CNN's World Sport will be broadcasting its predictions for 2011 in upcoming shows between December 31-January 2. In the third of a series of preview blogs, Terry Baddoo takes a look at the contenders for next year's Cricket World Cup.
On present form, I wouldn’t put much money on Australia claiming their fourth consecutive World Cup title next year. In fact, in their current state of mind it’s going to take a Herculean effort for the Aussies to even make a fist of it on the Indian sub-continent when the four-yearly event starts in late February.
At the time of writing, not only do they trail England in the Ashes series, but there seems to be a massive loss of confidence in their leadership, with serious questions being asked about skipper Ricky Ponting for the first time I can remember. But the one-day game is not Test cricket, and if it becomes a question of guts, you cannot rule the Aussies out - especially as they are still the top-ranked team in the 50-over format.
Australia's current nemesis, England, have never won the World Cup, but are as well-placed as anyone to break their duck. They won the Twenty20 World Cup, and have that swashbuckling X-factor in the shape of an in-form Kevin Pietersen, who recalls the halcyon days of the great Ian Botham in his ability to rise to the big occasion.
Home advantage will obviously be a factor for India and Sri Lanka. The Indians have had a mixed year in the lead-up to the World Cup despite retaining their place as the world's top team in the five-day game, though they’ve emerged with a blend of youth and experience with lots of competition for places that could undoubtedly make them a force.
That said, several big names have said they fear that India may buckle under the weight of expectation from their passionate home fans, who, if the razzle-dazzle of the Indian Premier League Twenty20 competition is anything to go by, will surely turn this tournament into a festival and a pressure cooker for their own team.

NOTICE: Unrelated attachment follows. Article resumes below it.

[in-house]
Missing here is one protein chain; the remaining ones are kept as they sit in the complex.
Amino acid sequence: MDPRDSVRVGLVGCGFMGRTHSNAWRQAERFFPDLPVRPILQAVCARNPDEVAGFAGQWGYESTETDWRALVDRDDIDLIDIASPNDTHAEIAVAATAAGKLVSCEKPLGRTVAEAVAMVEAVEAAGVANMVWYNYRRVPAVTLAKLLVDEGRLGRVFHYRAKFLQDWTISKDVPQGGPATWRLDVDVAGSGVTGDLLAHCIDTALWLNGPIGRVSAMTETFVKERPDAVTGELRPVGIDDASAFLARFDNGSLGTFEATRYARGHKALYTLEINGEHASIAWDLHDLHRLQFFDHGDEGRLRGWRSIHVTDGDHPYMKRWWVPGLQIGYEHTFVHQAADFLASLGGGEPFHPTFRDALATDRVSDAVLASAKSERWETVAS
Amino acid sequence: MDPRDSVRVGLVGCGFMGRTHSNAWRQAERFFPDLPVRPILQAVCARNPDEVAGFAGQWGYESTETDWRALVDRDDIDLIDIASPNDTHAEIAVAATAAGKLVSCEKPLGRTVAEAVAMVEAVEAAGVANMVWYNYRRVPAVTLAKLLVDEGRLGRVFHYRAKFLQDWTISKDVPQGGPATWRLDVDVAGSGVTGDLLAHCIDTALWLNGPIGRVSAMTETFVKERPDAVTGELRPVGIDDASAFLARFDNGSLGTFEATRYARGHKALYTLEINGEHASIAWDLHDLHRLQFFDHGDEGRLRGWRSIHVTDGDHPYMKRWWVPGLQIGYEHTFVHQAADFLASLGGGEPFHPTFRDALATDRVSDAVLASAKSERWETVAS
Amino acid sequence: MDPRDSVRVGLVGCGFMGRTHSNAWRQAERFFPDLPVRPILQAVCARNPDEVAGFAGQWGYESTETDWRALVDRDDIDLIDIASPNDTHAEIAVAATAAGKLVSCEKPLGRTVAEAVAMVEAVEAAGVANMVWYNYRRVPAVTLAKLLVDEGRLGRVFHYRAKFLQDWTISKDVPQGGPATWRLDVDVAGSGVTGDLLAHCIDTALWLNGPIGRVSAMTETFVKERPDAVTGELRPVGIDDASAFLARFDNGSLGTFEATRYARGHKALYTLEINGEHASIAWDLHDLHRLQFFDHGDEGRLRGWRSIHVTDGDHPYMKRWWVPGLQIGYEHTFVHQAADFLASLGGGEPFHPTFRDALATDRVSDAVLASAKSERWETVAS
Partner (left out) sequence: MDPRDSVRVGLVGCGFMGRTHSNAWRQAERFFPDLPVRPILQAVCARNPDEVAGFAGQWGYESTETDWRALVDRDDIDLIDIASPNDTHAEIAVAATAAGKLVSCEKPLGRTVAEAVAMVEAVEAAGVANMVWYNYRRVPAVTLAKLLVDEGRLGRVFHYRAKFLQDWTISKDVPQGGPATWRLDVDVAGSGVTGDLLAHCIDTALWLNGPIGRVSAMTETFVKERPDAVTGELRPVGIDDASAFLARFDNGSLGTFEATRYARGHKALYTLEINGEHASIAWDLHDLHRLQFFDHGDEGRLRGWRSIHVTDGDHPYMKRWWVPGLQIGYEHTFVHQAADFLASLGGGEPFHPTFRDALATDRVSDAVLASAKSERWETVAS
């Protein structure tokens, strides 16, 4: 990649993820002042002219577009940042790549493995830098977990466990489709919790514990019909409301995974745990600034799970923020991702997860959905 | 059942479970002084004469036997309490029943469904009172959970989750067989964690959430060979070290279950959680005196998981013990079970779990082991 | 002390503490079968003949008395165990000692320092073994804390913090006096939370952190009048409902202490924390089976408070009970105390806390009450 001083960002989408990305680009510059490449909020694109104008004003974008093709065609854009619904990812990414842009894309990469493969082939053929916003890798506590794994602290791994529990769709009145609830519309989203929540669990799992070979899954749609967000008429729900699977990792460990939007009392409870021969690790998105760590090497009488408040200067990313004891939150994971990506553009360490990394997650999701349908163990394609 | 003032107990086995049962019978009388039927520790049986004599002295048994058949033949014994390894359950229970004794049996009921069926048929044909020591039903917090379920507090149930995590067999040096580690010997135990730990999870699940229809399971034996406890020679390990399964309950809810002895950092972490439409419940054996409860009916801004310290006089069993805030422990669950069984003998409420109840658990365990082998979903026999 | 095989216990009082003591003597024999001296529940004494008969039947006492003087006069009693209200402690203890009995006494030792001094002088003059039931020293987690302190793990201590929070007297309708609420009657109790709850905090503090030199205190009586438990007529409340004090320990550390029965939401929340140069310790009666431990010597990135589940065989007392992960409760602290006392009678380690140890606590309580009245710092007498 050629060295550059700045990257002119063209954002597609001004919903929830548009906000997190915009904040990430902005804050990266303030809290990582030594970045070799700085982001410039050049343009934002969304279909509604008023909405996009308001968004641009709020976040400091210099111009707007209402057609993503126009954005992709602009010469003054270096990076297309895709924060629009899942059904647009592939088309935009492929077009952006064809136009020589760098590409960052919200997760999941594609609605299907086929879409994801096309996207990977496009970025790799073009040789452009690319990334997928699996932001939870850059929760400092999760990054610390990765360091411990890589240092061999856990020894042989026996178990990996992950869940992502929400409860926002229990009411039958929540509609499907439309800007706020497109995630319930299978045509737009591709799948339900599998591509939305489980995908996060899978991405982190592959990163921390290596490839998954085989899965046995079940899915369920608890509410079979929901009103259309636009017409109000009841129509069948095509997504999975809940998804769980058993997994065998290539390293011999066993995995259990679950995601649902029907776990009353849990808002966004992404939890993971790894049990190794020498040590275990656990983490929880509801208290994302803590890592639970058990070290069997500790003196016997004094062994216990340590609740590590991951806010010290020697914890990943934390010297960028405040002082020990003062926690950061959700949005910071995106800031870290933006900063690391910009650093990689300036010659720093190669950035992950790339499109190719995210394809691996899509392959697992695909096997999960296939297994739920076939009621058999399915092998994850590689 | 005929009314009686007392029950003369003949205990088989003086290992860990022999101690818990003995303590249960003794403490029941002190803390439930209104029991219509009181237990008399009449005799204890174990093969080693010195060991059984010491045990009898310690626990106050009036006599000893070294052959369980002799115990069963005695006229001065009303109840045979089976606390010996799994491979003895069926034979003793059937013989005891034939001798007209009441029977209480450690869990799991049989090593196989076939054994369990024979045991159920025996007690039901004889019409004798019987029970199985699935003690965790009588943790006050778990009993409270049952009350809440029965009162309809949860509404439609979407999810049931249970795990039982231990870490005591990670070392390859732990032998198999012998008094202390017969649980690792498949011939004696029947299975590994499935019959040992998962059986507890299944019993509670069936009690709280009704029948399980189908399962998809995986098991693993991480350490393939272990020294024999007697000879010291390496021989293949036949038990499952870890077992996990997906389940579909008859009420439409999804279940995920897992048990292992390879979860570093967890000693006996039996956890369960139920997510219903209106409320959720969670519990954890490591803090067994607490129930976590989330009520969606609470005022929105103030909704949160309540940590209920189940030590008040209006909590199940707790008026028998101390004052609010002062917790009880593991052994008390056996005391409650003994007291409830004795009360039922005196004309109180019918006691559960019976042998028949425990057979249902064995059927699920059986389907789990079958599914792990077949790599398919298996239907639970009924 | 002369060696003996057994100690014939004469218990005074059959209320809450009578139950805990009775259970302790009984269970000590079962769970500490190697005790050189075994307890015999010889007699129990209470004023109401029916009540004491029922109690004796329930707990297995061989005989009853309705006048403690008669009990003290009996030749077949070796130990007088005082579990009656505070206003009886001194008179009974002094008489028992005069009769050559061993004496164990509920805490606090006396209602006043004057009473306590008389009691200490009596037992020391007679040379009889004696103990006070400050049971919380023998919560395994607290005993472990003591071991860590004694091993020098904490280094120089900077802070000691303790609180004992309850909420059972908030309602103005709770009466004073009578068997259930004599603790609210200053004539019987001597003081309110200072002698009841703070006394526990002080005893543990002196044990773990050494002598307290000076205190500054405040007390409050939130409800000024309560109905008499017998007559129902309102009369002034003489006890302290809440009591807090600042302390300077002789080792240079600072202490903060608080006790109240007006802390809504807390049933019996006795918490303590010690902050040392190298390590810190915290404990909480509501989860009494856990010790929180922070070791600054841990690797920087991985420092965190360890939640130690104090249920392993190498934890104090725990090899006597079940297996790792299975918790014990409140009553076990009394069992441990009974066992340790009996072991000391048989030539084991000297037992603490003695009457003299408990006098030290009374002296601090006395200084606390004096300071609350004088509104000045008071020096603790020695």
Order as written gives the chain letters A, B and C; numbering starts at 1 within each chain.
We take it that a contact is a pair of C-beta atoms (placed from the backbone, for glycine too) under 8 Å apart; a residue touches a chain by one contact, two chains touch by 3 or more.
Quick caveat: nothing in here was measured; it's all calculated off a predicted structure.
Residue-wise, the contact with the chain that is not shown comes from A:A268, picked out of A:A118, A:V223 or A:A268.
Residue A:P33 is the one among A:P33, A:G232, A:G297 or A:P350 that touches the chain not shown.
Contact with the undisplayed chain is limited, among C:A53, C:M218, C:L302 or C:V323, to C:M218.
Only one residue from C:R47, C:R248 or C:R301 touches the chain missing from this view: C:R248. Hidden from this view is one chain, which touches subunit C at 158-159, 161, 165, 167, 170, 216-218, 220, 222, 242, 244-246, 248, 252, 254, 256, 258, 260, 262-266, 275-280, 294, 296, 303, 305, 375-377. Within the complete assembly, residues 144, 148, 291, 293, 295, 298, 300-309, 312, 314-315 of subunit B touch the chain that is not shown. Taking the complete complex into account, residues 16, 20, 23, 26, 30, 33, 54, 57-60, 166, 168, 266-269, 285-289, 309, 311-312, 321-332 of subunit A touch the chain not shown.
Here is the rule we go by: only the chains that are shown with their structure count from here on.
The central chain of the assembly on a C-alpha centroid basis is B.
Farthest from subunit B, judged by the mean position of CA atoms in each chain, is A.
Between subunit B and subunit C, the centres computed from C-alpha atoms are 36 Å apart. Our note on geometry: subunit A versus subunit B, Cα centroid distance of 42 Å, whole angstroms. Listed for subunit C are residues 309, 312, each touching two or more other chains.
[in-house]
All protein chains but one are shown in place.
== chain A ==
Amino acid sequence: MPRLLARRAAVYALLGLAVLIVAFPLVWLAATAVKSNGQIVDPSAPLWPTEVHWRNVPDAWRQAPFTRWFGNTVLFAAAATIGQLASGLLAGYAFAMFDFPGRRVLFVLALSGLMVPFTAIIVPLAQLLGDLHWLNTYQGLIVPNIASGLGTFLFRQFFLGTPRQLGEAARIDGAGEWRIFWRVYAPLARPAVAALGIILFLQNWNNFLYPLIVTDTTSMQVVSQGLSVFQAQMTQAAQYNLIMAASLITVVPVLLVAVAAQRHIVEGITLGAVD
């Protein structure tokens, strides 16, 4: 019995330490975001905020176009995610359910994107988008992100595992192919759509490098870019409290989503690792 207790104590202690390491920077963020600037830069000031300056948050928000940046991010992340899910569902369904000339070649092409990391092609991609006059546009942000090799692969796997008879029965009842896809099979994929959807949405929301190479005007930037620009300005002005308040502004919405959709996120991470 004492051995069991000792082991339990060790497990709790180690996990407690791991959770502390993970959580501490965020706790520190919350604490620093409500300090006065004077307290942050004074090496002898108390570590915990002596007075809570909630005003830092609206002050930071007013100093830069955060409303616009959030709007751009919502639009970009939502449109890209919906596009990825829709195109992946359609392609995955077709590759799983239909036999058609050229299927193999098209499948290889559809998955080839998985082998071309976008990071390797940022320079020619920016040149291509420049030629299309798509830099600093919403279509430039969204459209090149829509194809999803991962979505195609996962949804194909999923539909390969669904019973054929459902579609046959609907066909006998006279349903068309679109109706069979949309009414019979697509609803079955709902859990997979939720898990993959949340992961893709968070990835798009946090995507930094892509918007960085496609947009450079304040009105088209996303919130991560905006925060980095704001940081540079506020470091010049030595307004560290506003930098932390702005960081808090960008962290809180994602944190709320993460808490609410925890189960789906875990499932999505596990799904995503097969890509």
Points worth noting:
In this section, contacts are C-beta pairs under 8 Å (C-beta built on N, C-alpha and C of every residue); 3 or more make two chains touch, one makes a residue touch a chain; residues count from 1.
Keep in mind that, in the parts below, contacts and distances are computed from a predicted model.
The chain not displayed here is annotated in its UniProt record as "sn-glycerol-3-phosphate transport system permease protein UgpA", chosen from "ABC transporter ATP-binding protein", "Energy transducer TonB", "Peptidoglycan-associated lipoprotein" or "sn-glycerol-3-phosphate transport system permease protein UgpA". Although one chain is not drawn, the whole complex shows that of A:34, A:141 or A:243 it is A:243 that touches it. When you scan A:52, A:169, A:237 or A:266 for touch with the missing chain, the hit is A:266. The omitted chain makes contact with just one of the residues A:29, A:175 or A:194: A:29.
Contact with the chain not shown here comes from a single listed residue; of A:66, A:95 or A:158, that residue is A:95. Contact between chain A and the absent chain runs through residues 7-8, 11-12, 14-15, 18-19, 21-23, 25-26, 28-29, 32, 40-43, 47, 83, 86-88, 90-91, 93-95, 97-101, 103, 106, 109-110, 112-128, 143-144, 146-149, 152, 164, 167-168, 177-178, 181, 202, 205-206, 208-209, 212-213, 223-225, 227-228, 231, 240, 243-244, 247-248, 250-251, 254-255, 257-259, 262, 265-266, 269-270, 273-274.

Sri Lanka will be under slightly less pressure, as they host only 12 of the matches, while India get 29 and Bangladesh just eight. The Sri Lankans will nonetheless be expected to shine. And while I’ve read that some experts believe they’re not consistent enough to go all the way, they’re currently third in the ODI world rankings, behind Australia and India, so must be doing something right.
South Africa are just behind them in fourth, and some have the Proteas as dark-horse title contenders. They certainly won’t lack for preparation, as their grandly-named “Operation World Cup” has expressly focused on producing a side that can end their long wait for a first success in the tournament.
Pakistan, who were stripped of hosting rights for security reasons, also have the bit between their teeth, and recently held a special week-long training camp which focused heavily on their ailing batsman. They’ll precede the World Cup with three Twenty20 matches, two Test matches and six one-dayers in New Zealand, and will arrive ready, willing, if not 100% able to lift the World Cup for the second time.
So, which of these teams will lift the trophy? Or will it be none of the above? After all, I didn’t even mention New Zealand or two-time winners the West Indies. Well, I’m not going to profess any inside knowledge, and I'm willing to bow to those who follow the game more closely than I do.
All the same, I'm going with my gut. This is England’s year. Unless, of course, you know different.